'FROM DISCOVERY TO RECOVERY'
My previous research was to establish the exact role of LCs and dermal-derived DCs using genetically engineered mouse models. We recently engineered knock-in mice that express an enhanced green fluorescent protein (EGFP) under the control of the langerin (CD207) gene, a C-Type lectin expressed by LCs which enabled us to further characterize LCs, and directly study the dynamics of LCs both in vivo and ex vivo. A second knock-in was developed to specifically eliminate LCs in vivo by placing the human diphtheria toxin receptor under the control of the langerin gene. These transgenic lines will enable us to study the development and function of LCs during both steady-state conditions (tolerance) and in inflammatory contexts.
My research currently focuses on the role of pulmonary DC subsets in different models of lung inflammation. Recently a major DC population defined to be integrin aE-b7+CD207+CD11b- was found to be specifically localised at the basal lamina of the bronchial epithelia and arterioles of the lung, suggesting that they may be specifically involved in antigen capture and transport to mediastinal lymph nodes of the lung. Integrin aE-b7+ mediates adhesion of intraepithelial lymphocytes and DCs to E-cadherin, an epithelial specific cadherin involved in cell to cell adhesion. It is becoming increasingly clear that different DC subsets are involved in specialized roles and effector function. Together these observations suggest that pulmonary CD207+CD11b- DCs are key antigen-presenting cells of the lung capable of migrating across the airway epithelia for antigen sampling, transport and presentation to memory and/or effector cells in regional MLNs. Therefore, the LangEGFP and LangDTR models offer the unique possibility of addressing the role of CD207+ pulmonary DCs both during steady-state and inflammatory conditions, such as viral infection and experimentally induced asthma. The ability to track and specifically ablate these cells both in vivo and ex vivo may identify these lung DCs as the key proinflammatory cells necessary for Th1 and/or Th2 cell stimulation during airway inflammation.
Furthermore, to align myself with the immunology group within the CII, we are currently investigating the involvement of SOCS proteins in DC cytokine signalling and determining the impact of SOCS protein ablation on DC and T cell development and cell mediated immune responses, and their role in autoimmune disease (in collaboration with Prof Jim Johnston). I am also investigated the role of ARF6 (GTP binding protein) in T cell activation and anergy through the use of in vitro models and the development of an ARF6 conditional knockout model.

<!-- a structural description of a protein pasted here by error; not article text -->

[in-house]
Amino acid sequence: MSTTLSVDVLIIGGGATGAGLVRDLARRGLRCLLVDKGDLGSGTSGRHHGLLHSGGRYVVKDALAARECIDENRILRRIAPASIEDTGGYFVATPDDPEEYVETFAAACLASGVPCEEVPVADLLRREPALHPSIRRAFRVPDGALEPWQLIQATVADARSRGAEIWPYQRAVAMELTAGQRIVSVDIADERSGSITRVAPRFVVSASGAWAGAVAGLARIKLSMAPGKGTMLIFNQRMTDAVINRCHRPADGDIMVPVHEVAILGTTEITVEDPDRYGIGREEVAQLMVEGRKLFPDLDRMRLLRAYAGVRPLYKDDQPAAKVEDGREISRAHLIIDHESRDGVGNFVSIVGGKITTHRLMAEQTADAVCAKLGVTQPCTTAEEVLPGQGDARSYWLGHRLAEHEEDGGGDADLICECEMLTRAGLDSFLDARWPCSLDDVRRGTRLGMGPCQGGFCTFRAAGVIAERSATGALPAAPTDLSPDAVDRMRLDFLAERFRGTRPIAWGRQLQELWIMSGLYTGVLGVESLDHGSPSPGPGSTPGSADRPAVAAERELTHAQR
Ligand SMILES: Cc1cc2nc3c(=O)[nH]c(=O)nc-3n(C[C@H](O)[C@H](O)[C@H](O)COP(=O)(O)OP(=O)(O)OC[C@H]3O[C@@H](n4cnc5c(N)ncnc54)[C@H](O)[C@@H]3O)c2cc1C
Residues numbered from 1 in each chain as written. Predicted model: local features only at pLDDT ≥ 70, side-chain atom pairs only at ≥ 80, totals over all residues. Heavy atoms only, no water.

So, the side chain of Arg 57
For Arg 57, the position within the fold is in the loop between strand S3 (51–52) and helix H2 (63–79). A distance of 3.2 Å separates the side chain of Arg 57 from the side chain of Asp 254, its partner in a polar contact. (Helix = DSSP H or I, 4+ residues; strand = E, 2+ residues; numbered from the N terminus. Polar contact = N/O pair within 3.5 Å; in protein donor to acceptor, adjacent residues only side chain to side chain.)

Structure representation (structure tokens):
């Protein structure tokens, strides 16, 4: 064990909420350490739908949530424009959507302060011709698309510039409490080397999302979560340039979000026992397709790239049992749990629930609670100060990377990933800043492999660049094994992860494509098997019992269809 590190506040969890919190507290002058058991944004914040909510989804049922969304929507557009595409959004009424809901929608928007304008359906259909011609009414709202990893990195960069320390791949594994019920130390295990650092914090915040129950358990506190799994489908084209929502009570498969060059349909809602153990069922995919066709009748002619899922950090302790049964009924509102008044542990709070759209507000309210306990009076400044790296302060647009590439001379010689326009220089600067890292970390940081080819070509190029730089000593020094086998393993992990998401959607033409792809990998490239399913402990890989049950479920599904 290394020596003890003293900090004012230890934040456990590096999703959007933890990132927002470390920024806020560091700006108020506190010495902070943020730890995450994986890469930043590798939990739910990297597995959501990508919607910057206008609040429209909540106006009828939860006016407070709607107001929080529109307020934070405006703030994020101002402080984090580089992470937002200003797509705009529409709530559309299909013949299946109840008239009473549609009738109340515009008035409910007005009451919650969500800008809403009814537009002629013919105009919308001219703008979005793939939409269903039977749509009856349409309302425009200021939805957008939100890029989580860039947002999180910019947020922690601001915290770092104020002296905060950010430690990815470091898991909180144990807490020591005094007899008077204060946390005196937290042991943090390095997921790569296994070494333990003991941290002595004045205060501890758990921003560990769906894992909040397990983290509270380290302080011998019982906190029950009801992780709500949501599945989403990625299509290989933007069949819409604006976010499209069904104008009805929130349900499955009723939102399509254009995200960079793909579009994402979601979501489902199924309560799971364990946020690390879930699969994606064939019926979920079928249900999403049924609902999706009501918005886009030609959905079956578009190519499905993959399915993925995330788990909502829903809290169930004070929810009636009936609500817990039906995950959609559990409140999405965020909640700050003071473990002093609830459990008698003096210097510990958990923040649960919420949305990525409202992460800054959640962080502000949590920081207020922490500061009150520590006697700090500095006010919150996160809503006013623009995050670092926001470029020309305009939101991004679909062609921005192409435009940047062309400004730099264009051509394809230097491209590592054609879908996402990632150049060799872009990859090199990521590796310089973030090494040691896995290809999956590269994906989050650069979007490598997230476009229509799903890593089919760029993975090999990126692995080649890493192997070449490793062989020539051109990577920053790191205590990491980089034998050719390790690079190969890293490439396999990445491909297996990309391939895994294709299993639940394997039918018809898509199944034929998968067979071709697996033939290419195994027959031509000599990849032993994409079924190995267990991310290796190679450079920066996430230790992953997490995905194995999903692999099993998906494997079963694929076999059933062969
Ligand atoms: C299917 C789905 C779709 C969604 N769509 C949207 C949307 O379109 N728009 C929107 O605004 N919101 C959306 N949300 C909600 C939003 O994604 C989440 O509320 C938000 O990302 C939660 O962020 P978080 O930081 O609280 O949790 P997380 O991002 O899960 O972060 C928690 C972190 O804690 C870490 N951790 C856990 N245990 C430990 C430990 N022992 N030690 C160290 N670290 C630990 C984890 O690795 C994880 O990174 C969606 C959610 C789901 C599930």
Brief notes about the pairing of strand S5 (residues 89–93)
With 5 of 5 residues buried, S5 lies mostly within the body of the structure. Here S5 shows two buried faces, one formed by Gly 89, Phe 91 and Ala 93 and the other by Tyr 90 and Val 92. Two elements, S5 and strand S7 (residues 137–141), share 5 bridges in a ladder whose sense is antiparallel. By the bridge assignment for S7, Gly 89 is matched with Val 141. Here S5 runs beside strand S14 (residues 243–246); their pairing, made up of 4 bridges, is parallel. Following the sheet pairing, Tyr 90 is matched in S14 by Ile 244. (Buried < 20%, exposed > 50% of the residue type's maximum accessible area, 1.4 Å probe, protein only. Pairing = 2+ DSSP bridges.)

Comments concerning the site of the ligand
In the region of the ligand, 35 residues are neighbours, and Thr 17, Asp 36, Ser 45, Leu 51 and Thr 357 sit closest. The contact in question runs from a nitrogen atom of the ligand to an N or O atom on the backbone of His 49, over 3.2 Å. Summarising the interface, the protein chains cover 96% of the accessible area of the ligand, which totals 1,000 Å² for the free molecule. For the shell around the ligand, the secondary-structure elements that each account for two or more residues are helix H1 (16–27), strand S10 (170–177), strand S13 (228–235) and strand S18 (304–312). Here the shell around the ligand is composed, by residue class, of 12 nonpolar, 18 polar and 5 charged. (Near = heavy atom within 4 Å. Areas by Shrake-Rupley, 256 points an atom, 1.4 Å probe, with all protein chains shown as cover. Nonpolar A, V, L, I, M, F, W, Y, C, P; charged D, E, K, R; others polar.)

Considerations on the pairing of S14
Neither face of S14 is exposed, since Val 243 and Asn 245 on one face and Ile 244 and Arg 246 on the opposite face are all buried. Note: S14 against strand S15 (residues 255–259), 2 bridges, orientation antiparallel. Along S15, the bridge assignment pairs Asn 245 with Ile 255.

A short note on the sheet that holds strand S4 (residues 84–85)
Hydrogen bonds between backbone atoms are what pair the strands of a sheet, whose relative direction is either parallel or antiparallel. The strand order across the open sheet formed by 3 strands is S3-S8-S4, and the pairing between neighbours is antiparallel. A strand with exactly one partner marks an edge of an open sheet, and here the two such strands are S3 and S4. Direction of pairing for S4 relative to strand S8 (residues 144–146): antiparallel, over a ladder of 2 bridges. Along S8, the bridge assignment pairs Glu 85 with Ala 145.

As part of the DEL All-Ireland Research Base grant I am also collaborating with key members of the CII to establish key in vivo models of respiratory and infectious disease. Four Home Office project licences have been written and are awaiting ethical approval to commence work with these models.
Since my appointment at QUB I have undertaken several external research activities, which reflect my expertise in my research domain, which are summarised below:
Invited Research Presentations
· MUGEN EU Network of Excellence, Athens (April 2006)
· BSI Immunology group, Edinburgh University (June 2006)
· DC-THERA EU Network of Excellence, Nijmegen (June 2006)
· National Institute of Immunology, New Dehli (November 2006)
· Nikolas Symposia on The Histiocytoses, Athens (June 2007)
· The British Society of Oral Maxillofacial Pathology, Belfast (May 2008)
· Roslin Institute, Edinburgh (September 2010)
· Max-Planck Institute for Infection Biology, Berlin (October 2009)
· Joint Meeting of the ISI/UIG Annual Conference, Belfast (September 2010)
· Royal Society of Microscopy, Belfast (July 2010)
· University of Otago, Dunedin (September 2011)
Established International Collaborations with Leading Researchers
· Prof Padraic Fallon (Trinity College Dublin)
· Prof Bernard Malissen (CIML, France)
· Prof Frederic Geissmann (King’s College, London)
· Dr Uwe Ritter (University of Regensburg, Germany)
· Dr Peter Hammerl (University of Salzburg, Austria)
External Peer Reviewer for the following Journals/Organisations
· Journal of Investigative Dermatology
· Trends in Immunology
· Health Research Board
· Consultant for Innate Pharma Biotech, France (Jan 2007 – Jun 2008)
· Expert Panel for Sanofi Pasteur MSD, France (April 2008)